The Casio G-Shock line has always been good at one thing: surviving in tough conditions. I wear G-Shocks when I know I’ll be rolling around in the sand, hiking, or anything that requires the watch to get dollops of mud or worse all over it. I’ve never really worn G-Shock’s to exercise. Until now.
What Is It?
The Google Wear OS-powered GSWH1000-1 is Casio’s $699 entry into the smartwatch market. The watch has a dual-mode screen that displays reduced data in monochrome mode and then full-color in Wear OS mode. The watch features Casio’s own exercise apps and interface and can track your location, direction, and heart rate, as well as barometric data. The whole thing comes in a package that will be familiar to anyone who has hefted any other bigger G-Shock or Pro-Trek on their wrist.
The watch is 65mm x 56mm and is 19.5mm thick. It weighs a surprising 106 grams but it sits well on almost any wrist. The plastic strap wraps nicely and bumpers at the lugs keep things snug against the wrist bones.
How Does It Work?
Casio has chosen to reduce Wear OS’s presence in this watch. Most of the features are available from a round menu that displays the main choice in the center and a set of icons around the edge. These features include maps, heart rate, and time zone settings along with a fairly complete set of exercise options.
The touchscreen lets you swipe through functions and for most of the time you’ll be using Casio’s simplistic, monochrome app to slide through various features. In fact, this watch is probably the most anti-Wear OS watch I’ve seen, a piece that essentially works like G-Shock with a bigger brain. Because, I suspect, Casio knew it needed to enter the smartwatch market, they chose to do it in this simplistic way. They know that people wear G-Shocks to jump out of airplanes or to look cool. This watch lets you do both and offers just a touch more information than a traditional Pro-Trek.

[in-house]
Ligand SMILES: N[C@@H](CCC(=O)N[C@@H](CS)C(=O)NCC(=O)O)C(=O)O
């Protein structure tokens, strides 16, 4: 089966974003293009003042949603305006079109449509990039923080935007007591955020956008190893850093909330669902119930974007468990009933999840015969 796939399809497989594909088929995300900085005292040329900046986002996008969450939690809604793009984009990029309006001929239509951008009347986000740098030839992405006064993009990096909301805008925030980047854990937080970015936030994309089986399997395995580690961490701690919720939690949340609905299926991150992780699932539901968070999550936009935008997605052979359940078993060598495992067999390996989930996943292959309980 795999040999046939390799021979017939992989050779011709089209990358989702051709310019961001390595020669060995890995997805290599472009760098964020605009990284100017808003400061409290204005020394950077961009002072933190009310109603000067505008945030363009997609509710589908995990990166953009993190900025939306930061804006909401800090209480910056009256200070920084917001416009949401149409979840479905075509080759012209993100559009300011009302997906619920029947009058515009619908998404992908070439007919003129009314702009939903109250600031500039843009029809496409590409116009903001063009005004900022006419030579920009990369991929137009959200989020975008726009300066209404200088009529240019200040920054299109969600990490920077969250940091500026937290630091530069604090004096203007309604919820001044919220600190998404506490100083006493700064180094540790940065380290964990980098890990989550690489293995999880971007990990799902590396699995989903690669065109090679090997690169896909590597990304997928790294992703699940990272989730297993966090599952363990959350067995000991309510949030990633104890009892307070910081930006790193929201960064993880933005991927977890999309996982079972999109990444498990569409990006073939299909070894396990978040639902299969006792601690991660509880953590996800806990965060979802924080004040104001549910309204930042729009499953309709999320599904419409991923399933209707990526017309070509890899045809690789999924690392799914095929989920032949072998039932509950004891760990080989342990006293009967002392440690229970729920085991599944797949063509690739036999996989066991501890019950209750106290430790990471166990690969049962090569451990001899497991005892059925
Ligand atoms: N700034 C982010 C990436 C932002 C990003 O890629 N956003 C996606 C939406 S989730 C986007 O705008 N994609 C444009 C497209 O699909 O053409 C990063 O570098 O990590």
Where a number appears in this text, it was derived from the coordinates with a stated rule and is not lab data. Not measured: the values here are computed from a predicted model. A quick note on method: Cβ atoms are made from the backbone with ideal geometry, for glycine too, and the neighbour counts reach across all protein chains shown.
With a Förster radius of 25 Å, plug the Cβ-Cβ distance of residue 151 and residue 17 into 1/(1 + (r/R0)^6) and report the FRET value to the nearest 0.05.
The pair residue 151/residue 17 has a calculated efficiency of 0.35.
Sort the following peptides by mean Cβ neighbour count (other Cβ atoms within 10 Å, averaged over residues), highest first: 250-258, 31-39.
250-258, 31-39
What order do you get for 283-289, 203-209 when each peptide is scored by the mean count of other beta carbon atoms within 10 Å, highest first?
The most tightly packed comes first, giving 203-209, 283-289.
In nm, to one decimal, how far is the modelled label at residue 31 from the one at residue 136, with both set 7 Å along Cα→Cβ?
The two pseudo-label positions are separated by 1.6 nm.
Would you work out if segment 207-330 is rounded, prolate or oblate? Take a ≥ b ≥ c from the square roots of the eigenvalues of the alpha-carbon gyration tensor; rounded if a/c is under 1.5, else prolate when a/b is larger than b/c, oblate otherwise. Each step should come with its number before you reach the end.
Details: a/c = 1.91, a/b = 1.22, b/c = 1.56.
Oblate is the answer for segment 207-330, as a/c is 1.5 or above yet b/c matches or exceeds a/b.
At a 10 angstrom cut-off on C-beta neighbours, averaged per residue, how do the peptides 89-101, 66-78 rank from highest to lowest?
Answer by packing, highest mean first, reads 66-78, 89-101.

The GSWH1000-1 works well and looks great. It’s a massive watch and has all of the simple features you could want from a smartwatch. It pairs with Casio’s Move app which can track your exercise and training sessions and it supports everything else standard Wear OS watches can run including a clever overlay mode that lets you take video of yourself or others while overlaying data from the watch on the image.
Further, the piece is rugged. There is no delicate wireless charging here — you plug this thing into a magnetic charger that presumably keeps liquid out of the case and allows the company to use regular metal on the back of the watch. It’s a self-contained smartwatch that looks great.
So here’s the primary issue I have with the GSWH1000-1: it’s not quite a great exercise watch. The tracking is a bit off in terms of heart rate monitoring and GPS. It’s good enough for regular use but if I’m trying to run a marathon or training for an Iron Man (both things that I’ll probably never do again) I’d think twice before strapping this to my wrist. It works well but not as well as, say, a Garmin or Polar with dedicated blood oxygen level sensors and other goodies that help us focus on training and recovery.
That said, who cares? It’s a G-Shock. It will survive a Tuff Mudder and then will survive getting covered in beer at the end of the night. It’s a beast and it’s definitely aimed at folks who want precise understanding of their metabolic system.
The bottom line is that this is a solid Wear OS watch with two-day battery life, mono/color LCD screen, and enough features to be dangerous. There is some benefit to having, say, a simpler Fitbit or Garmin, but if you’re a G-Shock lover or want to wear a smartwatch at a construction site, you know an Apple Watch just won’t cut it. It’s a hard sell for G-Shock’s non-fans. It’s an easy sell for G-lovers.